Adoptees Call For Boycott of “Blue Bayou”

Last Friday, filmmaker Justin Chon’s latest – Blue Bayou – opened in theatres nationwide, and I interviewed Chon as well as actor Linh-Dan Pham about the film. Shortly after the film’s release, however, members of the adoptee community took to social media to express frustration about Blue Bayou and the ways in which they feel the film fails to properly represent the adoptee experience.

Korean American adoptee and abuse survivor Adam Crapser – who was deported to South Korea five years ago and whose story I wrote about several times on this site – posted a statement on social media saying that Chon reached out to him four years ago expressing interest in bringing his story to film, but that communication suddenly ceased after Chon responded. Crapser was deported in 2016 following an intense grassroots effort to stop his deportation proceedings, leading to separation of him from his wife and young children.

I’m a real person. I’m not a Hollywood character made for profit, award-seeking, or tear-jerking movies.

Adam Crapser

According to a posted screenshot of an early text message between Chon and Crapser, Chon says he learned of Crapser’s story through a Vice article.

“I feel like everyone in the US should know what happened to you because it’s ridiculous,” says Chon in the text exchange. Indeed, Blue Bayou‘s protagonist – Antonio LeBlanc – bears striking resemblance to Crapser.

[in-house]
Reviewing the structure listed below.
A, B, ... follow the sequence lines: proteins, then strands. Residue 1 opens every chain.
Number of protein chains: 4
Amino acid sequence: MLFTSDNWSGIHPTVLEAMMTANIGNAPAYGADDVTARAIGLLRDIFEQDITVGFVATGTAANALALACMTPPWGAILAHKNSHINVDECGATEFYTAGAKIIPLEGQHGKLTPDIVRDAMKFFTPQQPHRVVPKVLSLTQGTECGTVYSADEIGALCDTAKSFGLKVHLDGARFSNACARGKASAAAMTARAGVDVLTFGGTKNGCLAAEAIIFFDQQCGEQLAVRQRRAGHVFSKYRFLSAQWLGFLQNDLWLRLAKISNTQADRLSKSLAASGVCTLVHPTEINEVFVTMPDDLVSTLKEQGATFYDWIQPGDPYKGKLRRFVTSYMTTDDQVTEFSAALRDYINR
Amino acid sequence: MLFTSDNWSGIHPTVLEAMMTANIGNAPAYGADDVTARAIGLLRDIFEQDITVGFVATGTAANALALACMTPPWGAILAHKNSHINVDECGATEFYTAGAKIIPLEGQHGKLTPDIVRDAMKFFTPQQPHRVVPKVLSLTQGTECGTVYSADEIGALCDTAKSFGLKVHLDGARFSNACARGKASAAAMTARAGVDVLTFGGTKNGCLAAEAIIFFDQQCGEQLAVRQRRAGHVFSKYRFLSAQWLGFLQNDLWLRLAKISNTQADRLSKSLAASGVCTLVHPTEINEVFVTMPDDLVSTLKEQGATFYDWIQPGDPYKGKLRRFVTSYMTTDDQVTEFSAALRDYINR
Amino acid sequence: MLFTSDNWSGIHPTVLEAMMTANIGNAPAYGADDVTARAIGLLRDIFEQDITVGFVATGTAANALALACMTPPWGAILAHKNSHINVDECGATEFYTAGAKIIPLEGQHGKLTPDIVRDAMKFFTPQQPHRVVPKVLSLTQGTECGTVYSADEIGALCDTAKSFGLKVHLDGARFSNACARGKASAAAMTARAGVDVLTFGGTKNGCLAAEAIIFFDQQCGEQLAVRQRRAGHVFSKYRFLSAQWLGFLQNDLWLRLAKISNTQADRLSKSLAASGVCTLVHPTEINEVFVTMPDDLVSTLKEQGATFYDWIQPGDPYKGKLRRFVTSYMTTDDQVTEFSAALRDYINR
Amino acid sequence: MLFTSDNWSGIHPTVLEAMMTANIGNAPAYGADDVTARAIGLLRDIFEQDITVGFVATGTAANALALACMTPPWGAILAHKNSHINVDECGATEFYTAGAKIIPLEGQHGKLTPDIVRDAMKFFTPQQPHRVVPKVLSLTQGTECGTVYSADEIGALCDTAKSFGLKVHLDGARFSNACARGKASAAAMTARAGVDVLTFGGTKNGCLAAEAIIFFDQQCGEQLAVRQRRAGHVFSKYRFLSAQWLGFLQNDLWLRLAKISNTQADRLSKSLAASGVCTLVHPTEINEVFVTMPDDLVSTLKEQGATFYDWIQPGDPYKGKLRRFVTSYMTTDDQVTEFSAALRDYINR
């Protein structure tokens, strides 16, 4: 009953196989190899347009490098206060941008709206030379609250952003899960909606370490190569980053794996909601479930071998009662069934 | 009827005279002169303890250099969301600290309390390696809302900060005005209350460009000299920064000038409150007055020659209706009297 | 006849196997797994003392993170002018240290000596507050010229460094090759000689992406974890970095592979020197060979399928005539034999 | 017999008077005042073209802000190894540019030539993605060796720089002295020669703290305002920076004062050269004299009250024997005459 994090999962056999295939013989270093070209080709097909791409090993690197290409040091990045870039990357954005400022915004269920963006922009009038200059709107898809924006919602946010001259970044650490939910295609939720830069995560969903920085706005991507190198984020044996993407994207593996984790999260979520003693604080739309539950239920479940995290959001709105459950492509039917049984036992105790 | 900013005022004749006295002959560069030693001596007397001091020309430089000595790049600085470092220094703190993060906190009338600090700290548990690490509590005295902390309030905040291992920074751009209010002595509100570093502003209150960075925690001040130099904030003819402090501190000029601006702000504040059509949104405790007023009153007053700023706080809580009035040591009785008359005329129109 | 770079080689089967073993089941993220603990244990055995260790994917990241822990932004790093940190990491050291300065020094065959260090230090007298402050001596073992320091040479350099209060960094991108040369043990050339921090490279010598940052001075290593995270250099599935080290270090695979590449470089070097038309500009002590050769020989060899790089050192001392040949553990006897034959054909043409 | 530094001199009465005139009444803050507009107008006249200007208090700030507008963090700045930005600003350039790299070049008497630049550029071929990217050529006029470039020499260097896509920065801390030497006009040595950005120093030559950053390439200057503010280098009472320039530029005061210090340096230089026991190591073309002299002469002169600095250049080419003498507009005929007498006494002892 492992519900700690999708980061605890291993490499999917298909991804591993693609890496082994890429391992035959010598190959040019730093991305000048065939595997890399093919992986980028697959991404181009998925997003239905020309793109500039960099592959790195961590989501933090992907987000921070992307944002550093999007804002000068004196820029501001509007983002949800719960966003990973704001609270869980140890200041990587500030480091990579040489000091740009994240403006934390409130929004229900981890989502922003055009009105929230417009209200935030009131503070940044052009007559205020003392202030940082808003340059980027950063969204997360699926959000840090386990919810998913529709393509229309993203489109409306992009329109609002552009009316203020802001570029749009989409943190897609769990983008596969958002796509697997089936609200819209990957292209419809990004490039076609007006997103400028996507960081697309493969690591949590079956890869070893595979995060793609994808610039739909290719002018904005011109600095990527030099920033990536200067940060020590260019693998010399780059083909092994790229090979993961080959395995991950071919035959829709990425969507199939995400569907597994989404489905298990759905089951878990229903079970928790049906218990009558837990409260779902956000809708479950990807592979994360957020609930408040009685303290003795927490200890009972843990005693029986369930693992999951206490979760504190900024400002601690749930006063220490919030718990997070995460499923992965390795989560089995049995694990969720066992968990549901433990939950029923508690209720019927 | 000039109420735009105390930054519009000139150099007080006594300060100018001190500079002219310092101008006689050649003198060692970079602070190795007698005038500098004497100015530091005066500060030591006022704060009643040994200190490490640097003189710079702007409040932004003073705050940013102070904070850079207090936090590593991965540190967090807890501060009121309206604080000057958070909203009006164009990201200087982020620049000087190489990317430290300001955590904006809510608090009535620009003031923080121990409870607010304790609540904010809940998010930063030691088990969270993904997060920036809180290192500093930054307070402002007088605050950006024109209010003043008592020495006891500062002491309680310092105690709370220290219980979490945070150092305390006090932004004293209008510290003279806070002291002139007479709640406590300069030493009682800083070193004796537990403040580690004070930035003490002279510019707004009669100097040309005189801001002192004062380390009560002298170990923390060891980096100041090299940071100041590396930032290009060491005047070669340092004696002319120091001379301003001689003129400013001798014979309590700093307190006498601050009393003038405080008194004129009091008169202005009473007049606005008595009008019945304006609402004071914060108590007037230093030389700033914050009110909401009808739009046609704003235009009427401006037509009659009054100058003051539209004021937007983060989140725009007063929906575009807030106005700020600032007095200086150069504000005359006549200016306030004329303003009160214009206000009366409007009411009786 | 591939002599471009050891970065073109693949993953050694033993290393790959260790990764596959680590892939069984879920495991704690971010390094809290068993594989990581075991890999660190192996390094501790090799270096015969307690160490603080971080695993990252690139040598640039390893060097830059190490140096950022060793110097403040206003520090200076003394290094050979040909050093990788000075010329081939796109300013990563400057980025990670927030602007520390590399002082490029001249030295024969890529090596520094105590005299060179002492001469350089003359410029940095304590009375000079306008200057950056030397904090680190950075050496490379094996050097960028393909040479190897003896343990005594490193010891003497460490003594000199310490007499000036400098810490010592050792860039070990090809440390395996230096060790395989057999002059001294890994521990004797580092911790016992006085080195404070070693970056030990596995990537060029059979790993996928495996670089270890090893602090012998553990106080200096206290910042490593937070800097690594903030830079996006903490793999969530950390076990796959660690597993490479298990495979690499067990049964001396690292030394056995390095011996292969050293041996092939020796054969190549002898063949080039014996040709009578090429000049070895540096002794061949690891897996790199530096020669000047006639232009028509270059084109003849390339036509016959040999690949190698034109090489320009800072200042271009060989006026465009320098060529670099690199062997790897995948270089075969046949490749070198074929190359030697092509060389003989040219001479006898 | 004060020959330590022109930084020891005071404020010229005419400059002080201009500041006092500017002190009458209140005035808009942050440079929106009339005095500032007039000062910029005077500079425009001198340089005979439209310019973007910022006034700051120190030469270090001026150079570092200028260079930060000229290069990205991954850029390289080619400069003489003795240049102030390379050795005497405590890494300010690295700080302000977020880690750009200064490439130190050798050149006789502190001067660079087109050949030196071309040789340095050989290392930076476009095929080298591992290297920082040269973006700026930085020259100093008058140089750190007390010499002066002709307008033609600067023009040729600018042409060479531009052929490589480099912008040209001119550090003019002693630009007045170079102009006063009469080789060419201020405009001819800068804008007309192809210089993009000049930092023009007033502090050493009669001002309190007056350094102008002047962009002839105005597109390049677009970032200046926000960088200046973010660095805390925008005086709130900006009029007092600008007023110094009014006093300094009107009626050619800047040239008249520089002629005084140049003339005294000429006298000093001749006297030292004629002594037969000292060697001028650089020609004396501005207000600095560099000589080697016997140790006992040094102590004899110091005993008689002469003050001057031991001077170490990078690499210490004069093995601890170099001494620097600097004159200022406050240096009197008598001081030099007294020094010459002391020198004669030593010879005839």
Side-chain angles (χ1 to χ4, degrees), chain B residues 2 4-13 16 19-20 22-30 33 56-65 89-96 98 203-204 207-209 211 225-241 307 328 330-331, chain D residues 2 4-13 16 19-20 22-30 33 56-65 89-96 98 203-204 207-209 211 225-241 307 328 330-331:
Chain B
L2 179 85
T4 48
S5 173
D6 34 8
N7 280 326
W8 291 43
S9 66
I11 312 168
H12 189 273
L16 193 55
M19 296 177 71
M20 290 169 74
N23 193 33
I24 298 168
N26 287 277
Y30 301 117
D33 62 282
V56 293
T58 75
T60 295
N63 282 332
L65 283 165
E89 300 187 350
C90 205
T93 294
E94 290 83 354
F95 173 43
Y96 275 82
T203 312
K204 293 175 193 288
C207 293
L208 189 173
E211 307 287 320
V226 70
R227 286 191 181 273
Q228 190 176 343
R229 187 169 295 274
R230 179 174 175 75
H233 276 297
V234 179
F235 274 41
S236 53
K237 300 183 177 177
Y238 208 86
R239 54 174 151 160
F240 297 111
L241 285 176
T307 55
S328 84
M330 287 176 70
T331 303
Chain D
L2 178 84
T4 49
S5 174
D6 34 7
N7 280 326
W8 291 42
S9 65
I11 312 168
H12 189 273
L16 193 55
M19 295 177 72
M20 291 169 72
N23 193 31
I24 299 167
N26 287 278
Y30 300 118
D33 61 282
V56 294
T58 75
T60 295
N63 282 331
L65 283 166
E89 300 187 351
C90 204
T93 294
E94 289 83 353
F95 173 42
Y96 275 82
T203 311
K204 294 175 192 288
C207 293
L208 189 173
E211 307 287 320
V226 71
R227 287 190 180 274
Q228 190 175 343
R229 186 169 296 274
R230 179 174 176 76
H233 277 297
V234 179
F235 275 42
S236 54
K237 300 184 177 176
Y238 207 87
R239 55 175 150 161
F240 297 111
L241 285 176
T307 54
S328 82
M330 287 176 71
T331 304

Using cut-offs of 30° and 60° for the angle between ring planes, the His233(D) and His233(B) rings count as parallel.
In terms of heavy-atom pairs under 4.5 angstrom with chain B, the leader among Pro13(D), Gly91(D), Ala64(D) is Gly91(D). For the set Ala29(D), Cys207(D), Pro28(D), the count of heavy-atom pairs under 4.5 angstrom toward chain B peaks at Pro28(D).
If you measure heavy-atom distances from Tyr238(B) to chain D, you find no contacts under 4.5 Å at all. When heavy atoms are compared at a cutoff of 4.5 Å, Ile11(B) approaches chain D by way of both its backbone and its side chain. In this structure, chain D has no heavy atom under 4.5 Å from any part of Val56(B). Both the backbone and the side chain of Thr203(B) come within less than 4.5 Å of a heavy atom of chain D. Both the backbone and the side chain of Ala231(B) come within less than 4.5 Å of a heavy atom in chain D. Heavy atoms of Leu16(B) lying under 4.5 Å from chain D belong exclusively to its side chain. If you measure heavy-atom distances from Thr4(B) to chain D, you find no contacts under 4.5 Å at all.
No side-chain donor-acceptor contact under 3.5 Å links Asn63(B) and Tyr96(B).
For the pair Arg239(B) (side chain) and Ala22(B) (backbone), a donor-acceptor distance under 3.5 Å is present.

Crapser says that Blue Bayou is based on his story but that he did not give permission for the use of his story in the movie, and that neither he nor other deported adoptees were consulted during the making of the film. (In his interview with me, Chon said that he worked with five adoptees in developing the film’s script, but he did not mention if any were facing deportation.) Crapser is not included in the film’s end cards acknowledging other adoptees who have been deported or who currently face deportation.

Advocacy group Adoptees for Justice says that Blue Bayou exploits adoptees like Crapser.

“The film Blue Bayou is clearly based on the life of Korean American adoptee Adam Crapser, who did not give the filmmakers his consent or the rights to his story,” says Adoptees for Justice in a public statement. “Adoptees for Justice cannot tolerate the appropriation of our community members’ stories and lived experiences. Given all that we lose as intercountry adoptees, we should not also lose the right to and control of our own stories.”

“I’m a real person. I’m not a Hollywood character made for profit, award-seeking, or tear-jerking movies,” adds Crapser on social media. Crapser further says that the production team behind Blue Bayou added insult to injury when they eventually contacted him in 2020 asking for a picture of him with his adoptive family. Crapser has openly discussed the abuse and torture he endured at the hands of his adoptive parents, who both served jail sentences in plea deals following charges of physical and sexual abuse committed against their adopted and foster children.

Stephanie Drenka is Communications Director for Dallas Truth, Racial Healing, & Transformation and a Korean American adoptee. She says that she was initially “cautiously optimistic” about Blue Bayou. But after Crapser and other adoptees posted their stories on social media, she now plans to join calls to boycott the film. In addition to Crapser not having been able to be fully involved in the film’s production, Drenka is frustrated that an adoptee wasn’t cast to play Blue Bayou‘s protagonist, Antonio LeBlanc. She sees Blue Bayou as yet another example of adoptees’ voices and experiences being overlooked or erased, even within progressive Asian American circles.